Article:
Epictetus: The Discourses as Reported by Arrian, the Manual, and Fragments. With an English translation by W. A. Oldfather. —Loeb edition.
Vol. I. Discourses, books I and II.
Vol. II. Discourses, books III and IV, the Manual, and fragments.
Epiceteus his Morals, with Simplicius his Comment. Made English from the Greek by George Stanhope. The Fourth Edition corrected. With the Life of Epictetus, from Monsieur Boileau. London: Printed by W. P. for Richard Sare, near Gray’s-Inn-Gate in Holborn. 1721.
Epicteti Enchiridion Graece et Latine. 1756.
the Works of Epictetus, which are now extant; consisting of his
Discourses, preserved by Arrian, in Four Books, the Enchiridion, and
Fragments. Translated from the original Greek, by Elizabeth Carter. 1758.
Elizabeth Carter was a friend of Dr. Johnson, who praised her variety of
talents with what was for him an unusual enthusiasm.
Dublin edition. Hulton Bradley, 1759. —From John Adams’ library.
Epicurus’s Morals translated from the Greek by John Digby, Esq. Also Isocrates his advice to Demonicus done out of Greek by the same hand. 1712.
and Eunapius: The
Lives of the Sophists. With an English translation by Wilmer
Cave Wright. London: William Heinemann; New York: G. P. Putnam’s Sons,
Eusebius will be found in the collection of Church Fathers.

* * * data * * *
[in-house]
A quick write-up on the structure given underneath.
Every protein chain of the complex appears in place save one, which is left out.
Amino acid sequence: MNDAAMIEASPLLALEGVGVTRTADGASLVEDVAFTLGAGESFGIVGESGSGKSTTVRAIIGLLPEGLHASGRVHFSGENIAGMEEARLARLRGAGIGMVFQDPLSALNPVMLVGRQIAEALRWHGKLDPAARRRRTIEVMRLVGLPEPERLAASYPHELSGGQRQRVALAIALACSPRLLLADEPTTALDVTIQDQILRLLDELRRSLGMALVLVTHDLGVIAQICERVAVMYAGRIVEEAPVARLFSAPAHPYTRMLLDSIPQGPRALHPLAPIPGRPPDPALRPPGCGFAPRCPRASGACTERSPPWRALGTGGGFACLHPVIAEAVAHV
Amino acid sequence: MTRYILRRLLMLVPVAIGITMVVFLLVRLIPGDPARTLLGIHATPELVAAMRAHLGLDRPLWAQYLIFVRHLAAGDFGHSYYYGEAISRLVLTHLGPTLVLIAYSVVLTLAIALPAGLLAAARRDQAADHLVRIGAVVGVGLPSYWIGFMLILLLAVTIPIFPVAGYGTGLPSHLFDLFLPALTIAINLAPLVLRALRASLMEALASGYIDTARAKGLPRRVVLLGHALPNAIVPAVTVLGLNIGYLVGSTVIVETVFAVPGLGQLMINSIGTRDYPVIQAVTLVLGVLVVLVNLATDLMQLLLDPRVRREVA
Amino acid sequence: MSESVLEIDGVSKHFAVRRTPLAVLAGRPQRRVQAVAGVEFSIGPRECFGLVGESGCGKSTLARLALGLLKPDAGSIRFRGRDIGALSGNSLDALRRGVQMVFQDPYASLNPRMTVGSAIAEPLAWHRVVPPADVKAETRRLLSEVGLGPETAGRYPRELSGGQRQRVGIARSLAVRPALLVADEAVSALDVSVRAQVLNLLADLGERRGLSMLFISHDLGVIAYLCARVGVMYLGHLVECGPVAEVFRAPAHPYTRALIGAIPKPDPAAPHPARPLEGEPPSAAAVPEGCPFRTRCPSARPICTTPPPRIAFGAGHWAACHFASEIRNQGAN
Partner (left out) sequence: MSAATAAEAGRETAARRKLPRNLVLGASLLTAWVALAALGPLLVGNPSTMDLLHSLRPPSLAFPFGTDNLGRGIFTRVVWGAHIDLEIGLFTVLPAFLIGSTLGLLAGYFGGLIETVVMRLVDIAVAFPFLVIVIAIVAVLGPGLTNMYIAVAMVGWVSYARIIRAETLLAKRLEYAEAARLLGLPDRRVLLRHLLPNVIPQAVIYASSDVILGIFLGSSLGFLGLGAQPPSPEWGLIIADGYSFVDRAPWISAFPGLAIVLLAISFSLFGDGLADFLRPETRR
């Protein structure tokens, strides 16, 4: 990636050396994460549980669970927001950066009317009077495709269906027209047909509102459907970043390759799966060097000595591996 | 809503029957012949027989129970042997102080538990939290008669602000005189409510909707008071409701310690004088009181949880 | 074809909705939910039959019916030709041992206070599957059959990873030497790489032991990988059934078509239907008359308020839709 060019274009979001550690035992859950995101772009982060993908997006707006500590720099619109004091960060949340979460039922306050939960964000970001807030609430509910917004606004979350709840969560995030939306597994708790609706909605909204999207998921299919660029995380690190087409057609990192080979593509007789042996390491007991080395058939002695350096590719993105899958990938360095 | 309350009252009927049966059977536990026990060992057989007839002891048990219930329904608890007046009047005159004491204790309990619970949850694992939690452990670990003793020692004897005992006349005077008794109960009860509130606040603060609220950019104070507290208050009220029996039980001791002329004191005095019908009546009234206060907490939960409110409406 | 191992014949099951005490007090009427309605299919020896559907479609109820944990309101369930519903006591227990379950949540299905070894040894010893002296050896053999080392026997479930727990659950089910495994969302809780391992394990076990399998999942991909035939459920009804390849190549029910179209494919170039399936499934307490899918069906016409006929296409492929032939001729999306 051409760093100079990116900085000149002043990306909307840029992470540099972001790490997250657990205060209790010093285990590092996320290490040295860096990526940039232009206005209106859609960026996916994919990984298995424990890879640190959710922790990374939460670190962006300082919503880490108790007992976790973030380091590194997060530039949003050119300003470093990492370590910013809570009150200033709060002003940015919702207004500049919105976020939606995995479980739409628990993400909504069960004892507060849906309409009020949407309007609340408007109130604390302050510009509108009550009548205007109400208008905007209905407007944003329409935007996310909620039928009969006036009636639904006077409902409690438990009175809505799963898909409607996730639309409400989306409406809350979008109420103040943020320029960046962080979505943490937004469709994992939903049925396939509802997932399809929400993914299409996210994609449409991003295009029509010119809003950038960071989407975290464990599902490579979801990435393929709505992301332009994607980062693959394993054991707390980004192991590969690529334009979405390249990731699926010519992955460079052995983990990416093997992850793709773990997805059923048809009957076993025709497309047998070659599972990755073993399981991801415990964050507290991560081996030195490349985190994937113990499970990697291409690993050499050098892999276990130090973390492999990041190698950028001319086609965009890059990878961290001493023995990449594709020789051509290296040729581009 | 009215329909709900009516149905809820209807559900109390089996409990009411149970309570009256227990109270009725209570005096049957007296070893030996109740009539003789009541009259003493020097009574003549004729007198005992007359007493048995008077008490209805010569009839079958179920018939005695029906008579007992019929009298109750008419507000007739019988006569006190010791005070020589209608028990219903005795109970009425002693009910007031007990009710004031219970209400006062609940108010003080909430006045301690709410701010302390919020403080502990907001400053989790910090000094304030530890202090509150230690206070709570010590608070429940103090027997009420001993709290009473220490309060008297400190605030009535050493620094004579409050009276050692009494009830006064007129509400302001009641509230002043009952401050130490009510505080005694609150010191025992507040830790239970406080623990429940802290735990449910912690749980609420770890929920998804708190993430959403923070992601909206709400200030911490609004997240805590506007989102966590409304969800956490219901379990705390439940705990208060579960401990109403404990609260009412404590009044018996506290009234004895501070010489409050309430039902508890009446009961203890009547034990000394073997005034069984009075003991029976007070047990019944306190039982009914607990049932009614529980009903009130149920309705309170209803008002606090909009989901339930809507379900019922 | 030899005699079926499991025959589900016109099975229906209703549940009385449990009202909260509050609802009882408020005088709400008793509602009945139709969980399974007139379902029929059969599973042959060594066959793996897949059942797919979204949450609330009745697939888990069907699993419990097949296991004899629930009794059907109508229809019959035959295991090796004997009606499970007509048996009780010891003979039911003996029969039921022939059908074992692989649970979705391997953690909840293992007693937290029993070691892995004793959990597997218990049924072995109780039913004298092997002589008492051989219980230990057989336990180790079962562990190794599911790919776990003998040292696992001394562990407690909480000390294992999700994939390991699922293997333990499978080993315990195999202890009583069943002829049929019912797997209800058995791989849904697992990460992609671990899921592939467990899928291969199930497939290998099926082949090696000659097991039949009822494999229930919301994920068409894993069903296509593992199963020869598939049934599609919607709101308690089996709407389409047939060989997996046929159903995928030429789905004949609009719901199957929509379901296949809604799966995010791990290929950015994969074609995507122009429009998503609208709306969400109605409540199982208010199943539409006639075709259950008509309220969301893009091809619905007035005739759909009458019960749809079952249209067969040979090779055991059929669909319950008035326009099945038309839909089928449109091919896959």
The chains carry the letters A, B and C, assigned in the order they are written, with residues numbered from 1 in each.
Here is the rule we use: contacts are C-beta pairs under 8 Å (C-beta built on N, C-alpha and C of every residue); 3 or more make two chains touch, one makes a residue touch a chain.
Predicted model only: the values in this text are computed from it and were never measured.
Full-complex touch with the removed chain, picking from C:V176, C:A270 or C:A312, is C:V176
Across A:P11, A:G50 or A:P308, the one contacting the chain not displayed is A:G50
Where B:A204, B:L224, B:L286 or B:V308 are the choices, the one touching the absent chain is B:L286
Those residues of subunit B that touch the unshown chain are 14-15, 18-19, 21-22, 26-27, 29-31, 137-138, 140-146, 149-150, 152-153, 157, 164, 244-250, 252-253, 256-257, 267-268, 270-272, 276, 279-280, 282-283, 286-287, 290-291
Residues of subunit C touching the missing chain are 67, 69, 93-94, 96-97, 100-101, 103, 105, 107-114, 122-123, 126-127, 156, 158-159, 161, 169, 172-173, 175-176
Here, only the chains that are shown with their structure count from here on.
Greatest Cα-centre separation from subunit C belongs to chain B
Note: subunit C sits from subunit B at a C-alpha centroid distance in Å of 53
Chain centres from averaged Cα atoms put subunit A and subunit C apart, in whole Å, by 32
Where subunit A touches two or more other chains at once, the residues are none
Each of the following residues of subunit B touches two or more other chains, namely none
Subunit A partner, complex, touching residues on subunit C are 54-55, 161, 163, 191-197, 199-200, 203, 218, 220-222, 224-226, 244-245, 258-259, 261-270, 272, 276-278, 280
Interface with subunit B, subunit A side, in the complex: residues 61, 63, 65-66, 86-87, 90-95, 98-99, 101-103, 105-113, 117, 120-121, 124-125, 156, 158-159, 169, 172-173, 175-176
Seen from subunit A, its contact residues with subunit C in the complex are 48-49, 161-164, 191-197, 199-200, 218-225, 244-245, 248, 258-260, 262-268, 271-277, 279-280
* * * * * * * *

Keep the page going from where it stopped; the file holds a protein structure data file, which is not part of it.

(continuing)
Eutropii Historiae Romanae Breviarium, et Sexti Aurelii Victoris De viris illustribus liber, juxta editiones Caroli Henrici Tzschucke et Joannis Arntzenii. Londini. Impensis J. Johnson, et al., 1808.
Eutropii Breviarium Historiae Romanae. Ad optimorum librorum fidem adcuravit Car. Herm. Weise. Nova editio stereotypa. Lipsiae: Sumptibus et typis Caroli Tauchnitii, 1843.
Breviarum ab Urbe Condita cum versionibus Graecis et Pauli
Landolfique additamentis. Recensuit et adnotavit H. Droysen. Berolini:
Apud Weidmannos, 1879. —Part of the series Monumenta Germaniae
Books of the History of Rome by Eutropius. With a double
translation for the use of students of the Hamiltonian system. The text
and the translations repeated separately, to furnish exercises for pupils.
1827. Latin text, literal interlinear translation, and standard English
Better scan of the same copy at HathiTrust.
Cornelius Nepos, and Eutropius, literally translated, with notes and
a general index, by the Rev. John Selby Watson. 1853.
At Google Books.